AT THE START of the northern hemisphere summer, essayist Sarah Miller wrote a piece for Nieman Lab called ‘All the right words on climate have already been said’.
‘What kind of awareness quotient are we looking for?’ she said, fairly furious at having been asked to once again write a newsy piece about the state of the climate. ‘What more about climate change does anyone need to know? What else is there to say?...all the right words about climate have already been deployed.’
I got to the end of it and completely agreed with her. I still completely agree with her. She is right. It’s time for doing. There is nothing more to say.
And yet, here I am.
Still, apparently, writing.
I’ve been writing about climate change for around ten years, off and on. I have heard and read a lot about how climate change should be communicated – scientists need to be better at communicating, journalists need to write more about science, facts are important, people’s values are important, myth-busting is important, never mention the myths, tell the truth because only fear will motivate them enough, give people hope because only hopeful people can act.
We tried it all and yet – weird! – climate change is still a problem.
The sixth IPCC assessment report came out last week. You already know what it said: we’ve utterly wrecked the ocean and it’s too late to fix that; we’re on track for all sorts of other horrors. But also, everything we do to reduce emissions is worth doing: without it, everything will be so much worse.
There isn’t much to say about the report (though much has been said). Everyone who is likely to care about its contents already cares – there are probably no unchanged changeable minds left. Since the fires of the summer before last, Australians have largely recognised that climate change is here and it is now and we need to do something about it. IPCC reports are incredibly worthwhile, don’t get me wrong. Scientists and policymakers need this information to do their jobs. But you? And me? We just need someone to get the fuck on with fixing it.
Inaction on climate change is not because we do not know what’s going on. It’s not because we’re waiting for someone to write just the right essay about why we should care. It’s not because we want to die in a fire. We don’t want our homes to flood or people we love to die during a heatwave. Do we want to lie awake three, four, five months of the year because the nights are too hot to sleep and the power keeps cutting out? Do we want to go to the shops and find the vegetables we need to cook this week’s meals just aren’t available right now? Do we, on the hottest days of an insufferably hot summer, want to be locked out of the pool because there is no chlorine to treat the water because a climate-change-strengthened hurricane wrecked the main chlorine factory last summer?
We do not.
We want somebody, somewhere, to do something. We would love it if politicians would do something. But as far as I (a non-expert) can tell, political donations have busted our democracy so thoroughly that we cannot vote for a major party that will stop coal mining in this country. Which, given what we know, is – come on! – not that radical a thing to ask for.
Apparently, it is up to us to do whatever it is that we can do to change this system, to get us on a better track. Divestment, probably. Protest. Direct action. Getting involved in citizens’ assemblies. Donating time or money to the organisations trying to solve this.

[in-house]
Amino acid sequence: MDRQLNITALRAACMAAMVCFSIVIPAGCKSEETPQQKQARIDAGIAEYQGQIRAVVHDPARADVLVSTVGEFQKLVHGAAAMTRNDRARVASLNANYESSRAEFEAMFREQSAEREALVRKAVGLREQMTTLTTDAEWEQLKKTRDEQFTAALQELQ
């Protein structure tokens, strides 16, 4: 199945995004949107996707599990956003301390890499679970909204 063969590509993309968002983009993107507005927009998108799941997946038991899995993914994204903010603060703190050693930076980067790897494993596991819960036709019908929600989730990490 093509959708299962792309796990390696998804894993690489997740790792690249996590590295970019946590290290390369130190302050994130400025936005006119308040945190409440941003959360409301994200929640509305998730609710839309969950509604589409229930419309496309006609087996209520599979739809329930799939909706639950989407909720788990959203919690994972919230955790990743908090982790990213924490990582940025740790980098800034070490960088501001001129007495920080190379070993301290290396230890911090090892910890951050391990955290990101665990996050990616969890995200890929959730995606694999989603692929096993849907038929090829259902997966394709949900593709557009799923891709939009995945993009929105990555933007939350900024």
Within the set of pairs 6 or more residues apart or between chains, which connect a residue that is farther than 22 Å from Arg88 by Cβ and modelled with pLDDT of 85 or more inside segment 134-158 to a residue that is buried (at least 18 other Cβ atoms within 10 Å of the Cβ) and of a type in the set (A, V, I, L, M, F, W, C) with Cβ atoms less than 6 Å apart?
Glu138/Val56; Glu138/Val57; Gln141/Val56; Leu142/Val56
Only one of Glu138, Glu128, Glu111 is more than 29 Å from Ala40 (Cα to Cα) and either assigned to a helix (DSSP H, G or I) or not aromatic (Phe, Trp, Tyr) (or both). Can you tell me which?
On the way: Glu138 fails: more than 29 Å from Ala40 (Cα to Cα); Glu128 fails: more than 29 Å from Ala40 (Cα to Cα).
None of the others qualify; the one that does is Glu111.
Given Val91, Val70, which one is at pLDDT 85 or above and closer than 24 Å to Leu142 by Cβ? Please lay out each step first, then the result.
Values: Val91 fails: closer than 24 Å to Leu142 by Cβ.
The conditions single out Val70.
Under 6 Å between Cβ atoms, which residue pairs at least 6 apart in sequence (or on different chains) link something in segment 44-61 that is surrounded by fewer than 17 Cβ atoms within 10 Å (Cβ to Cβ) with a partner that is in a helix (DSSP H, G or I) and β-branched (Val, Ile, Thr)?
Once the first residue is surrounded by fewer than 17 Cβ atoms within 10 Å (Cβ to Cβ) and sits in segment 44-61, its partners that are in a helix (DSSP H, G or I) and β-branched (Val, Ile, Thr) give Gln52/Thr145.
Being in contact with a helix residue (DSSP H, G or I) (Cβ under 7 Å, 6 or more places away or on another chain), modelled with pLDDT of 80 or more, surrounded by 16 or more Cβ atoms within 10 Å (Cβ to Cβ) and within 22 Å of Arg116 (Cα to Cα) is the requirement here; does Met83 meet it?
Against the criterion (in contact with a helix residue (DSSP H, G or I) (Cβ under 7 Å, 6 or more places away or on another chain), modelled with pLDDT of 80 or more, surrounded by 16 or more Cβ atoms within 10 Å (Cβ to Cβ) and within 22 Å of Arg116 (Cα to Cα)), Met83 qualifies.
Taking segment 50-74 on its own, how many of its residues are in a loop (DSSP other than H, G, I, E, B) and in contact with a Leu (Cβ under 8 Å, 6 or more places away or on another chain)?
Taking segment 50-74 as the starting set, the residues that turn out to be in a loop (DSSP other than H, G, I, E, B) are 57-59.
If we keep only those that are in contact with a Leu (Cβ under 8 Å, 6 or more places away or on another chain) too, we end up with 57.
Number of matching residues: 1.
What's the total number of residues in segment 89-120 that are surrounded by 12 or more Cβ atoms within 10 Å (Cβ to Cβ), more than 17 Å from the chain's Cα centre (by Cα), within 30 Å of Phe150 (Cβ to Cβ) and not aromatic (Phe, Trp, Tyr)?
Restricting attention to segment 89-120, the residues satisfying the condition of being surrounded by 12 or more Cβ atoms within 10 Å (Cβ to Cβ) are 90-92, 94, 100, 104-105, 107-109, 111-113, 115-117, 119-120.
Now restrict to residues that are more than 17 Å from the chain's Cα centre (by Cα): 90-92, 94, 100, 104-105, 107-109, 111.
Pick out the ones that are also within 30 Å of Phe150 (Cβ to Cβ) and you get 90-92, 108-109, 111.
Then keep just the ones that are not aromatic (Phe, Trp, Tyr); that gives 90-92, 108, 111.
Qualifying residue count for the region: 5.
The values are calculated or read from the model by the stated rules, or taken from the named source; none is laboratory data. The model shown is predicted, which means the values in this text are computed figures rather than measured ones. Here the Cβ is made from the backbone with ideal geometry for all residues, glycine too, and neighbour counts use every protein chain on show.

Is it pointless to write once more that things are a terrible mess? It would be good if we could write instead, or as well: here is the path to fix it. To write, yes, our house is on fire but also, here is the fire exit or – even better! And if only! – here comes the fire brigade. But what do we write in the section marked ‘how to fix climate change’ when our options are necessarily limited by the sheer bloody-minded inertia of government? So I guess it is: do whatever you have the ability and the courage to do; support other people’s efforts, even if you think they’re stupid or pointless. We don’t have any proof yet of what works or even of what works best. Try everything; try all of it.
I wake up most mornings and the first thing I think about is how awful it all is and how much worse it’s going to get. Poor me: as if it hasn’t been awful for most people for most of the history of the world. And what’s more, out my window is snow on the mountains, is a forest of stringybarks, is the sound of birds and then, seriously, as I was writing this, a wombat sprinted past (late for bed, I assume – it’s 7 am here).
Recently a friend sent me an essay from The Point about Wendell Berry. It discussed how we might live morally at a time when the world is going all to hell and it feels as though there’s nothing that little tiny you can do about it. The author suggested that while I should obviously be caring a great deal about climate change, I needed to also pay attention to that wombat sprinting past the window and to let it fill my heart with joy, for ‘the likelihood of loss is unbearable only if value – the goodness of a neighborly deed, the beauty of a creek at sunset – arises from consequences, not from things as they are in themselves’. It’s a good wombat – full to the brim with value, in and of itself. And this, I guess, is why I’m still writing even though I have nothing useful to offer about any of it – writing pins me to the moment and makes me look at it up close. It’s how I’m alive. Should I be locking on to a coal train instead? Yes, probably, and perhaps I will. But writing is my love and, well, to quote old Berry,
O when the world’s at peace
and every man is free
then I will go down unto my love.
O and I may go down
several times before that.
This article is part of 'Through the Window', an online series published as part of Griffith Review's Friday Great Reads newsletter.
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